Knowledge Exchange

Digital Transformation During a Pandemic

Vinod Shamdasani (Class of 2012)

How quickly the world has changed in 2020! Who would have imagined back in January that COVID-19 would alter our personal behaviours, along with compelling nearly every company on the planet to adjust their business model to this ‘new normal’?

The impact of COVID-19 on many enterprises has been devastating, but it has also brought about sizable opportunities for those able to rapidly adapt. The pandemic has strengthened the C-suite’s business cases, helped accelerate digital transformation initiatives in order to remain competitive, and in many instances, to innovate around their business models just to keep the lights on. Even digitally conservative industries like manufacturing have accelerated their digital investments and accomplished in months what would have normally taken years.

With consumer activity also increasingly moving online, companies radically overhauled their marketing plans and shifted budgets from offline channels such as in-person events, to support digital channels. It was expected that the CMO’s office would help make this transformation much more visible to all their stakeholders in 2020. The pandemic turned out to be a golden opportunity for marketers to prove digital’s value to historically skeptical stakeholders such as those in sales. Whether that meant showcasing the relative ROI of virtual events and webinars over in-person events to fuel B2B sales pipelines or proving the value of an eCommerce site to drive online sales, it was game-on for digital teams.

The FIVE areas below are themes that I’ve noticed emerge among organisations who have moved their digital transformation programmes forward in this challenging environment:

1) Putting Employees First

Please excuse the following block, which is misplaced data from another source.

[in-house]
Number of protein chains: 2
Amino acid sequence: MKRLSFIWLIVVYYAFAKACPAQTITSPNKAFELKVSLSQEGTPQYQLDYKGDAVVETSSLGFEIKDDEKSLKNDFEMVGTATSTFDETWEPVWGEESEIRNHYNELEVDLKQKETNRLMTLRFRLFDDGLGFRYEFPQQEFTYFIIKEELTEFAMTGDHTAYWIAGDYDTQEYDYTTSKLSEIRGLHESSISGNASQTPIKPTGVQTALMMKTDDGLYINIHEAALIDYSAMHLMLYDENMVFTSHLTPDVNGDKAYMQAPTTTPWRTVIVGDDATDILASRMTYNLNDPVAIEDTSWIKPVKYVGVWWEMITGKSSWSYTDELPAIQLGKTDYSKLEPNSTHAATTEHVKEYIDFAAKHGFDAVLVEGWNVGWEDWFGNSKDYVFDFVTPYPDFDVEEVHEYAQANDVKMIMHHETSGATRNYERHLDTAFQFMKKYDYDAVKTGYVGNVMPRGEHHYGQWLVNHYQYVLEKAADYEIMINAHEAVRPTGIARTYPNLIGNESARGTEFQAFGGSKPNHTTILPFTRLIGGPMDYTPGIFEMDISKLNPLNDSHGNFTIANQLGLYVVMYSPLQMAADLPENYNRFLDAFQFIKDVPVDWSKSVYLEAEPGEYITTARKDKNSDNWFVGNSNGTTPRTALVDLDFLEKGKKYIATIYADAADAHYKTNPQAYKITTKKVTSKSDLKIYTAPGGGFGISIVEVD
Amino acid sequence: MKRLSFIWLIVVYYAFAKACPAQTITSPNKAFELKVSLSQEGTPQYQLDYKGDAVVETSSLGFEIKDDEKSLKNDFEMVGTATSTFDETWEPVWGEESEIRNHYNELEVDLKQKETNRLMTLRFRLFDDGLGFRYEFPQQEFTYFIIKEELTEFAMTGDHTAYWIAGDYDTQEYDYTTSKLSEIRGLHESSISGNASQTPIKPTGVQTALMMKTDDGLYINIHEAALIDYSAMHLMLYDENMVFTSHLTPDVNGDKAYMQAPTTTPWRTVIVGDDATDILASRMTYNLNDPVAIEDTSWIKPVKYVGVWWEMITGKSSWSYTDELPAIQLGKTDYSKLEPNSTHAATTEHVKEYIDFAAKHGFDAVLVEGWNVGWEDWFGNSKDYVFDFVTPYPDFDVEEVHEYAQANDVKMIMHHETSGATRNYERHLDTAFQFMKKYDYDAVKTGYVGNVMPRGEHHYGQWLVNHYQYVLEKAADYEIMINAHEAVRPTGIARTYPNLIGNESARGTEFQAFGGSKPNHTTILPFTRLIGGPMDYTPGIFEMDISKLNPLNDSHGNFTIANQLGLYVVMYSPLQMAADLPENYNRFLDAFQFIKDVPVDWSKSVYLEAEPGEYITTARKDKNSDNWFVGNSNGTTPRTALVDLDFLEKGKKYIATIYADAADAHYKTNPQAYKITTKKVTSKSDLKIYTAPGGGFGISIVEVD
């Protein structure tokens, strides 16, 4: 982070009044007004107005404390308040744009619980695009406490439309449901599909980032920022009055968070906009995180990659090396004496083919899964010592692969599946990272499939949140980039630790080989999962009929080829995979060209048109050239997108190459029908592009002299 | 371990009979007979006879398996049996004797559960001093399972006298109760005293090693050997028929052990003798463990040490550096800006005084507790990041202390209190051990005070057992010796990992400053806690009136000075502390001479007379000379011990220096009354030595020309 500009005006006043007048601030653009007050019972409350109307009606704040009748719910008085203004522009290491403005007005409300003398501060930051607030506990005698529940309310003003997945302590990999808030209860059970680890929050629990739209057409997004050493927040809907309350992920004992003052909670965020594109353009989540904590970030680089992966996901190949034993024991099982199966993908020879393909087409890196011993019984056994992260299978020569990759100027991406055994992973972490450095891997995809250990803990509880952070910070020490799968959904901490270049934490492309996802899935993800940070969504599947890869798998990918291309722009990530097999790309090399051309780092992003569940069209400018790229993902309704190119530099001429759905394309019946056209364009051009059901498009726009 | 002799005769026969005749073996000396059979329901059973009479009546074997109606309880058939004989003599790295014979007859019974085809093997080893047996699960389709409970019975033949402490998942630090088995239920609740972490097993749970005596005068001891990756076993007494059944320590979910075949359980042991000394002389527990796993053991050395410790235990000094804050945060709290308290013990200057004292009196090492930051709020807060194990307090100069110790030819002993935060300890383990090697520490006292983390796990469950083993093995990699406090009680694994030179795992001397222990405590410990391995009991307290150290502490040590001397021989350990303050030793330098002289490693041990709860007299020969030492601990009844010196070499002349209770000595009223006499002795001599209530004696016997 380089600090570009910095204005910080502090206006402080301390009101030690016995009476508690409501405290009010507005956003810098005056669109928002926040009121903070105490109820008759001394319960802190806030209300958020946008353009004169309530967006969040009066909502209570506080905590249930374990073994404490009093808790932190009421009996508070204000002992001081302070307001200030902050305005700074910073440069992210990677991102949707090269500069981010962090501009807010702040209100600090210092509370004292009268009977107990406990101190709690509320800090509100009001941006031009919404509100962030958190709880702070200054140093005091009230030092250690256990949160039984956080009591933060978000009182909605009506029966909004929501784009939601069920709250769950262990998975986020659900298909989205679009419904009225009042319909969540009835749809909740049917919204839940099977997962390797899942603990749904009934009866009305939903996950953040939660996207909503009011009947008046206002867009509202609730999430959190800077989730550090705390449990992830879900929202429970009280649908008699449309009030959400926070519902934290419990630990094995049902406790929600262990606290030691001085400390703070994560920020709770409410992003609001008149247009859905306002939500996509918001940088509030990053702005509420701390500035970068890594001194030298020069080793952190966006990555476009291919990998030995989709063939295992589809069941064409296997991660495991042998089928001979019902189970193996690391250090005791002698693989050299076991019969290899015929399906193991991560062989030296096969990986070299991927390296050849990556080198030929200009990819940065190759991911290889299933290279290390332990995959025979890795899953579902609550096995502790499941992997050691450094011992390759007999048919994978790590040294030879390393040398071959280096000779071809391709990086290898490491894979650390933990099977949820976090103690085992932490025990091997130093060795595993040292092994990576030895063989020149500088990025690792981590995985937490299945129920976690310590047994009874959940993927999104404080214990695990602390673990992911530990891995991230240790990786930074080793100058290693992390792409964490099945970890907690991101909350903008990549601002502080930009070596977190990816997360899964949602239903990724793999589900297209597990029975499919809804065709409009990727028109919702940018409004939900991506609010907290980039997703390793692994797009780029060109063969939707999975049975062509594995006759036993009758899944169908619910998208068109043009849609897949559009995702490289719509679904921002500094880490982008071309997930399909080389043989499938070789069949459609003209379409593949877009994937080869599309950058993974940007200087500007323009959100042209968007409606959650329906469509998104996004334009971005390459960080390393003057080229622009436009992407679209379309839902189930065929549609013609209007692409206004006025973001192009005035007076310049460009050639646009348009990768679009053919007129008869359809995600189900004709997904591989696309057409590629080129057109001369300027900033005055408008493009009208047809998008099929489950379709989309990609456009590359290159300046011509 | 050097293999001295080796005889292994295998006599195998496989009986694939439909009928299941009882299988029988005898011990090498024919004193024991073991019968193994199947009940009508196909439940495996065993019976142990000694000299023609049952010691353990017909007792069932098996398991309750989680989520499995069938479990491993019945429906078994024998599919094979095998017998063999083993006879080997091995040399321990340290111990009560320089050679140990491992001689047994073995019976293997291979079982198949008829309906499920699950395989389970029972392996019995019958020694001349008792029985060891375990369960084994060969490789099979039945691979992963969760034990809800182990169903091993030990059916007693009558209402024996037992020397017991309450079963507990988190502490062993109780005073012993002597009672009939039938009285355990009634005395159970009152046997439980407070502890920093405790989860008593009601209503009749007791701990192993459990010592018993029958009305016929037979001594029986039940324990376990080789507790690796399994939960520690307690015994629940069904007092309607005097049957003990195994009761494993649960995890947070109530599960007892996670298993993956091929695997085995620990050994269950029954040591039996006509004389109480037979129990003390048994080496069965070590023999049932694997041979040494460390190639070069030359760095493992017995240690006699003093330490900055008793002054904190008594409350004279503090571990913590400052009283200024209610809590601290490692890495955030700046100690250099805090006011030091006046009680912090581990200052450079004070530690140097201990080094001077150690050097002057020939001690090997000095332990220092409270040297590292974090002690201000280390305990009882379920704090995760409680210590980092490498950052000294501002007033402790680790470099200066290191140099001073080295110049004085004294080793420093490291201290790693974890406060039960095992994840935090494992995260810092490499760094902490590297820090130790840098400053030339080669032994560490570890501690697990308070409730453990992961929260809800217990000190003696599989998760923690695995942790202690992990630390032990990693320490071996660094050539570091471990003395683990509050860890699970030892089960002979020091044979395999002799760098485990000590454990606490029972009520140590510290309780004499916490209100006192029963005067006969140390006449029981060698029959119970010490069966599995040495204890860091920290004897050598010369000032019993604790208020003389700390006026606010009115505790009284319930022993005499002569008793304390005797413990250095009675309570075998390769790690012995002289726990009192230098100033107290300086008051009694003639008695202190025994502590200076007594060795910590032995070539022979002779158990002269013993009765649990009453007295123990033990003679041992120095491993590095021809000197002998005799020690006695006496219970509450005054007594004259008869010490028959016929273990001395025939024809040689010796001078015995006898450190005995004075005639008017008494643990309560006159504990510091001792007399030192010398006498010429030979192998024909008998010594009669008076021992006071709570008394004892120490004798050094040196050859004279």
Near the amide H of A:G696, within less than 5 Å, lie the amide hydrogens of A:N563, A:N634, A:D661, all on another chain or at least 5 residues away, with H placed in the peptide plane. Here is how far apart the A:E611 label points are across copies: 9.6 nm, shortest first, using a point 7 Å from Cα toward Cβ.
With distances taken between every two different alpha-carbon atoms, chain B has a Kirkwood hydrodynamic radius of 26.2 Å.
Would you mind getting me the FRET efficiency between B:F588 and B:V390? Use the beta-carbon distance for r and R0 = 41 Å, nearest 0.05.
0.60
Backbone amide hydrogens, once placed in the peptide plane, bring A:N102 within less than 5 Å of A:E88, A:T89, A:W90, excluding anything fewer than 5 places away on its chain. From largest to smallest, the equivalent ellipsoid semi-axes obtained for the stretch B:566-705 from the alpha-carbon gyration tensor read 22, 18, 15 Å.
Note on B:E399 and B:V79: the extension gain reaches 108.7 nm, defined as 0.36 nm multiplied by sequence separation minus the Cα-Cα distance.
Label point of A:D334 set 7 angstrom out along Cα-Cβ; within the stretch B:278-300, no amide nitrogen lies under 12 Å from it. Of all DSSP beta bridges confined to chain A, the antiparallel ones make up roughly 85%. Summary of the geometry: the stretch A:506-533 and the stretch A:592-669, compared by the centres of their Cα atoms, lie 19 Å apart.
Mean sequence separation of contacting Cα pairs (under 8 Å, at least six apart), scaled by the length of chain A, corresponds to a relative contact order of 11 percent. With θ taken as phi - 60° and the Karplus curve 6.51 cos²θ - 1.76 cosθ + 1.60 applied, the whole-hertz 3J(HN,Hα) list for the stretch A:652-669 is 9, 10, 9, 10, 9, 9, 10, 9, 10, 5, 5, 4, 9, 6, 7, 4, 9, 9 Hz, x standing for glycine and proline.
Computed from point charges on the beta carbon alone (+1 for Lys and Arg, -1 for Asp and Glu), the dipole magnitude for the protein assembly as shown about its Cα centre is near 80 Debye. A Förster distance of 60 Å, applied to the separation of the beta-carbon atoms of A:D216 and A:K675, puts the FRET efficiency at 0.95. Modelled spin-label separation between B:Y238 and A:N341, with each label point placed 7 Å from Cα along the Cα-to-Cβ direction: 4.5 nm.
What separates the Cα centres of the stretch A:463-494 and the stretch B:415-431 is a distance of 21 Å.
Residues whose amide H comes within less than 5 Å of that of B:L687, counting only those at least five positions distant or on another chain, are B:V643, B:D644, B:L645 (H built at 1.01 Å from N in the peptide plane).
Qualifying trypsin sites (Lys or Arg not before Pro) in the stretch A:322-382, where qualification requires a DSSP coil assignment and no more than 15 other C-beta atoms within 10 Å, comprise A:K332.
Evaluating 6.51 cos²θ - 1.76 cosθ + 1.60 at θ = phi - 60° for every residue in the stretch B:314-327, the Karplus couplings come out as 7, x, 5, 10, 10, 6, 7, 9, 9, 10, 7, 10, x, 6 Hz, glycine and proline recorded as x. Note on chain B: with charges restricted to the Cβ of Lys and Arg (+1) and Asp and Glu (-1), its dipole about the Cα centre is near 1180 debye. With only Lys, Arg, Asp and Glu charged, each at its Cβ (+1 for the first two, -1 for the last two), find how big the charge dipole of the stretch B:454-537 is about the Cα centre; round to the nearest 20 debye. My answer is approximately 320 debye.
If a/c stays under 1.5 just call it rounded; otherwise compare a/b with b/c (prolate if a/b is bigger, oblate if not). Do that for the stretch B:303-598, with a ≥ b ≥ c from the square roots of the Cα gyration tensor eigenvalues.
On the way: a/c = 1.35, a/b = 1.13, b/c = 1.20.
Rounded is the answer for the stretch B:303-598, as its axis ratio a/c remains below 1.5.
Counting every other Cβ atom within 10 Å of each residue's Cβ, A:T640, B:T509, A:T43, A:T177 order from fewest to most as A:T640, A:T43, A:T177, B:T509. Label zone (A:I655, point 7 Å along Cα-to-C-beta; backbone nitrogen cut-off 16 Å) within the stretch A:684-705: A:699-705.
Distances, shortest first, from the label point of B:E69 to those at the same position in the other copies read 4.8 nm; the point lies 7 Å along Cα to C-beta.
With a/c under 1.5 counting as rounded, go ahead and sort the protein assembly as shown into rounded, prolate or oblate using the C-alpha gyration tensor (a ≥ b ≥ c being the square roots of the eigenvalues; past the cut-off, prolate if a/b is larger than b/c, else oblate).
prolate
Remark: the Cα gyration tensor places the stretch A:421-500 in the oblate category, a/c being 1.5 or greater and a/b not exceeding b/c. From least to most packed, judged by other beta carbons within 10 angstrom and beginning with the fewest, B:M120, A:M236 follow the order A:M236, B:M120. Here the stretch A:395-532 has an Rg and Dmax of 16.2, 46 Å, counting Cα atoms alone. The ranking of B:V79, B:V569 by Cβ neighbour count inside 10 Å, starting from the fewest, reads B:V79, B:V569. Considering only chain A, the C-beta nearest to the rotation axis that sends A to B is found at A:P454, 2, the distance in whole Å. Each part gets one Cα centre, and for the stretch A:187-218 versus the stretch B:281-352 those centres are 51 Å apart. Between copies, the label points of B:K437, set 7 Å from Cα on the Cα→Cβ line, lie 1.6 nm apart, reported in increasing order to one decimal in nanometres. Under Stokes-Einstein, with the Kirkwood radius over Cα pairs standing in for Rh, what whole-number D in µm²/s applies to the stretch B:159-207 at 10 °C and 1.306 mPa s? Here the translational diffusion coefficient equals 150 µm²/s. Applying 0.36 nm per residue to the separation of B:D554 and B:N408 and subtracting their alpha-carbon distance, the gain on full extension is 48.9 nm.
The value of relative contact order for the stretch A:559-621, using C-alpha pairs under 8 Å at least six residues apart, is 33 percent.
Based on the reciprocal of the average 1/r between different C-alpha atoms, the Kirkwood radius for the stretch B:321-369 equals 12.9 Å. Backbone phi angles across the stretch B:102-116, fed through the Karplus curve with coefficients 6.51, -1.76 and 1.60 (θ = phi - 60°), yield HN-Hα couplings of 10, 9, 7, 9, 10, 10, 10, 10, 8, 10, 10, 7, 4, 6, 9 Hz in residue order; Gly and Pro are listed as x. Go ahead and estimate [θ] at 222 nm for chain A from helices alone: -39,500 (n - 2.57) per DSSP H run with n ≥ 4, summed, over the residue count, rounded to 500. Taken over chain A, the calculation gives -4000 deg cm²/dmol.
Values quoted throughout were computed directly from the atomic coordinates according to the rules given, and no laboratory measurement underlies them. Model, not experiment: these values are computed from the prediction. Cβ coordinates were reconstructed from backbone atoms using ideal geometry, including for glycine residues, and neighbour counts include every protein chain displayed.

Ensuring digital transformation initiatives succeed during a pandemic is only possible with committed and healthy employees. Best in class firms responded swiftly and showed dollops of empathy by placing the wellbeing of their employees first and staying true to their corporate values. This was typically accomplished by:

  • Senior leaders frequently communicating emerging developments and evolving policies impacting the business
  • Providing suitable working equipment, furniture and collaboration tools to enable WFH (e.g. Google gave US$1,000!)
  • Regular 1:1 check-ins with senior leadership, team coffee-chats, virtual celebrations, COVID-19 care packages, training on remote working, and other employee support resources to ensure employee well-being
  • Redesigning office environments to support social distancing and flexible working (e.g. Cushman & Wakefield’s “6-feet office“)

At SAS our senior marketing leaders spent time arranging virtual coffee chats with every team member to see how we were holding up and help alleviate any roadblocks.

The pandemic has oddly proven to be the world’s largest work from home experiment, with many companies also realising that employee productivity in many cases didn’t suffer and generally increased with the compulsion to remain ‘always online.’ While the jury is out on whether WFH is a healthy long-term practice, it may become the permanent state in some shape or form, even in relatively conservative markets and industries.


2) Aligned Leaders…Busting Silos